In January, 1571, the bold Venetian commander Marco Querini, starting from Crete, beat back the Turkish blockade with sixteen of his galleys, rescued the civilians from Famagusta and reinforced the small garrison with ammunition, food and 1600 men. Bragadin and Baglioni succeeded in resisting for the whole winter, thanks to the excellent fortified system of the city and because of the surprise raids that they carried out outside the walls in the camp of the besiegers. The Venetians also poisoned the external water wells and made it look like they had evacuated the city, pushing the enemy to approach without precautions and inflicting serious losses.

In spring the attacks of the Turks were renewed with more and more fury, while Pius V had succeeded in constituting his Holy League, with the participation of the Papal State, Spain and the Republic of Venice.

Bragadin now awaited the arrival of the Christian reinforcement, but Mustafà, who feared another disastrous defeat after the one suffered in Malta five years before, asked for further reinforcements and his army reached 250,000 units, against little more than 2000 Venetian fighters. After eleven months of heroic resistance, the continuous bombardments and the end of provisions and ammunition forced Bragadin to decree the surrender of Famagosta. It was August 1, 1571.

Lalà Mustafà had promised, with a signed document, to allow the survivors to leave the island, embarking on their ships, “to the beat of drums, with the insignia unfurled, artillery, arms and baggage, wife and children,” but he was guilty of an infamous betrayal. On August 2, Bragadin, accompanied by Astorre Baglioni went to Mustafà’s tent to give him the keys of the city, but the two Venetian commanders were abused and arrested. Astorre Baglioni and the other representatives of the Venetian delegation were beheaded on the spot, while a much worse fate awaited Bragadin. His ears and nose were cut off and he was locked up for twelve days in a cage, where he could not even move, under the burning sun, with very little water and food. On the fourth day, the Turks offered him freedom if he converted to Islam, but Bragadin disdainfully refused.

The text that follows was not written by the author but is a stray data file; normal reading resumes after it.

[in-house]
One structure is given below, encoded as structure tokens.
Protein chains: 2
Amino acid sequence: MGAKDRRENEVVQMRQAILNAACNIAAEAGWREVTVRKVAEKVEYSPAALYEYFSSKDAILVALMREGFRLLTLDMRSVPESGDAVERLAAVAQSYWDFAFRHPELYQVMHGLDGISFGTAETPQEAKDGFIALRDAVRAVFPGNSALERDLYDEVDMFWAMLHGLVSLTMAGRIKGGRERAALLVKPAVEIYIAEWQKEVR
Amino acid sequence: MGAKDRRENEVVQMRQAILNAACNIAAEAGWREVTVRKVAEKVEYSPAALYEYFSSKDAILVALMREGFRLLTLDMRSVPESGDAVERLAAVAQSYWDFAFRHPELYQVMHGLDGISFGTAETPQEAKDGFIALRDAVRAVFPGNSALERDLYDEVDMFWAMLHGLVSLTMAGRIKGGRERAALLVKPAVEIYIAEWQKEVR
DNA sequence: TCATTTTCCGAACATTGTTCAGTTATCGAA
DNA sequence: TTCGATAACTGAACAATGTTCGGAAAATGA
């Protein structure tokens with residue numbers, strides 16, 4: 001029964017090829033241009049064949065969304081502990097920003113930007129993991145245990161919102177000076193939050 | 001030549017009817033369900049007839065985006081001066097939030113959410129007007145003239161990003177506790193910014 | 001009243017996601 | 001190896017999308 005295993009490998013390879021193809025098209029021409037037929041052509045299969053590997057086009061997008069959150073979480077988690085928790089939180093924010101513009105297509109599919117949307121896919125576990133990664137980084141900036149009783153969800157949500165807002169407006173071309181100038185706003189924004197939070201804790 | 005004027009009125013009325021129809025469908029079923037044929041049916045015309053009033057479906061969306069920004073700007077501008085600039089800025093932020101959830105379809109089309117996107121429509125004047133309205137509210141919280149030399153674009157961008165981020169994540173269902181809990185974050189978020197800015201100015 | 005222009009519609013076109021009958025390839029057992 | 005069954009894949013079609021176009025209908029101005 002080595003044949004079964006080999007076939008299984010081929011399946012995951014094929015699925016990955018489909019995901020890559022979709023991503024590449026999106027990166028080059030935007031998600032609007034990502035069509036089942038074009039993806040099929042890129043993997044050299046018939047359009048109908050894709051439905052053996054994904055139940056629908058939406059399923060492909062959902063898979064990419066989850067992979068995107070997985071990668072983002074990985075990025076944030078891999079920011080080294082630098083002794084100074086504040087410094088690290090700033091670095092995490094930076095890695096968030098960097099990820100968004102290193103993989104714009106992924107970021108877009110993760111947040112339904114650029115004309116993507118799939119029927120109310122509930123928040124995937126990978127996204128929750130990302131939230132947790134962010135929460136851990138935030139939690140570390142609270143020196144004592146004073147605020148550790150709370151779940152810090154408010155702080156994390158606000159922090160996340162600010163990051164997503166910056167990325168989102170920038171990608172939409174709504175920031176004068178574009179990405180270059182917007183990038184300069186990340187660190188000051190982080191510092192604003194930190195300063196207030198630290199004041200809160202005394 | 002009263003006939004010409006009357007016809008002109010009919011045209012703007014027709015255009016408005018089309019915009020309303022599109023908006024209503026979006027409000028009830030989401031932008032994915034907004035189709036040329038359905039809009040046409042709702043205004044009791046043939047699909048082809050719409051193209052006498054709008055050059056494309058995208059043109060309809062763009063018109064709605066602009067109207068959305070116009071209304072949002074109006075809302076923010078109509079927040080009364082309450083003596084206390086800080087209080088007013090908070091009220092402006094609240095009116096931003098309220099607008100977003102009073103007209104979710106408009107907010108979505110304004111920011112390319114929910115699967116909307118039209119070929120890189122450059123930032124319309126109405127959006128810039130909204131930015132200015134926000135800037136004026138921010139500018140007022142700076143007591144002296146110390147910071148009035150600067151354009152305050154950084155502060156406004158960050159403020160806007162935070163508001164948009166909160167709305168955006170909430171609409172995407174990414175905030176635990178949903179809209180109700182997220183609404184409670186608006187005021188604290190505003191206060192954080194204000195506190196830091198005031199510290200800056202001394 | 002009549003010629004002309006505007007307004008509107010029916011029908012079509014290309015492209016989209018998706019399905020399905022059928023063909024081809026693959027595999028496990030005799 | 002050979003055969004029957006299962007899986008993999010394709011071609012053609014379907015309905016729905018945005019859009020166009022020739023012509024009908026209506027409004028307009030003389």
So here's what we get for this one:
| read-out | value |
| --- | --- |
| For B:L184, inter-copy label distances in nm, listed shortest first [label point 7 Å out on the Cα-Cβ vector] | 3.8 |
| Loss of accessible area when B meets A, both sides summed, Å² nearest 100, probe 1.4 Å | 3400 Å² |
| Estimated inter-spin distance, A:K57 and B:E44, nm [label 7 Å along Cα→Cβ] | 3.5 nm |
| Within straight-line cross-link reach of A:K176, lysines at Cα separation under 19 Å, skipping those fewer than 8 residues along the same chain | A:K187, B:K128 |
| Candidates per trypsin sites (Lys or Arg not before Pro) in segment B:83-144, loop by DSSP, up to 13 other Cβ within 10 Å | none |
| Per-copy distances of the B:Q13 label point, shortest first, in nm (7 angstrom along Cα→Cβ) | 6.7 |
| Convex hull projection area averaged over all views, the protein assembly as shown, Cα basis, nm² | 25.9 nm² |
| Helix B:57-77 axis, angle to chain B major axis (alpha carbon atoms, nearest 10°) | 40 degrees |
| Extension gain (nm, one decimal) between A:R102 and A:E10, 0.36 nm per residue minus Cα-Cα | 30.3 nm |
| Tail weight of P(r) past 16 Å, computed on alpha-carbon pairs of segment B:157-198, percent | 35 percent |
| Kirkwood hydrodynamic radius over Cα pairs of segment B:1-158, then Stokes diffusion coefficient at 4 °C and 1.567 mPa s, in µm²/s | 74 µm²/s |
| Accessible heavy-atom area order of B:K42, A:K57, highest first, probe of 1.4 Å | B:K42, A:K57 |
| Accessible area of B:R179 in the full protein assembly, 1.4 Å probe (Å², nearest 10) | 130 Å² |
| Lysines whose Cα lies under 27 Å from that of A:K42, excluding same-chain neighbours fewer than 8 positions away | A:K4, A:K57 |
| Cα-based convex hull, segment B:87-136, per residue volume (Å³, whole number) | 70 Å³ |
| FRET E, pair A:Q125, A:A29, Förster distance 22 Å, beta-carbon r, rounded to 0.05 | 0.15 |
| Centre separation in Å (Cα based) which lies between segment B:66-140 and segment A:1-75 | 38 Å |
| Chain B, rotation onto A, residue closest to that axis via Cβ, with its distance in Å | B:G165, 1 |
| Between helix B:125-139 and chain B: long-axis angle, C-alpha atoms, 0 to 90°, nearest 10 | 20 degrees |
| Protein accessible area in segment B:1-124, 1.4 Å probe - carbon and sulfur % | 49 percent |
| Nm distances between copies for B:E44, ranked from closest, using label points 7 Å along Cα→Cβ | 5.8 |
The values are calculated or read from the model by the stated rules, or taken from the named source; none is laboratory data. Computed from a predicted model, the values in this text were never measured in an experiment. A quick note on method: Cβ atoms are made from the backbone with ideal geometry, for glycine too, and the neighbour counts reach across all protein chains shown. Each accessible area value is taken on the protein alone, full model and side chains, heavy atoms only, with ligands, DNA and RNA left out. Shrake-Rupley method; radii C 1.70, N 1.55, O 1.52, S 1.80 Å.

On August 17 the Venetian commander was hung from the mast of his ship and scourged with over a hundred lashes, then forced to carry on his shoulders through the streets of Famagusta a large basket full of stones and sand, until he collapsed. He was brought back to the main square of the city chained to a column and here a Genoese renegade started with his left shoulder and began to skin him alive. The Venetian commander endured his martyrdom with heroism, continuing to recite the Miserere [Ps. 50] and invoking the name of Christ until, after they had flayed his torso and arms, he cried out: “In manus tuas Domine commendo spirituum meum” [into Thy hands, O Lord, I commend my spirit] and breathed his last. It was 3:00 p.m. on August 17, 1571. Bragadin’s body was then quartered, and his skin, stuffed with straw and cotton, and covered with the clothes and insignia of the command, was carried in a macabre procession through the streets of Famagusta, and then hung on the mast of a galley and brought to Istanbul as a trophy, along with the heads of Christian leaders.

The Christian response to the massacre of Famagosta took place on October 7, 1571 in the waters of Lepanto, where the Turkish fleet was annihilated. Marcantonio Bragadin’s skin, stolen in 1580 from the Arsenal of Istanbul, was brought to Venice and is venerated as a relic in the church of Sts. John and Paul, in the back of the monument of the Venetian hero. Marcantonio Bragadin deserves to be included among the Blessed of the Fifth Heaven of Paradise, described by Dante in the Divine Comedy, and should be remembered alongside the great fighters for the faith of the last centuries, from the Vendéans to the Cristeros. One day, perhaps, the Church will canonize him as a martyr.

Translated by Kennedy Hall.

Photo: Pahos, Cyprus by Alexey Marchenko on Unsplash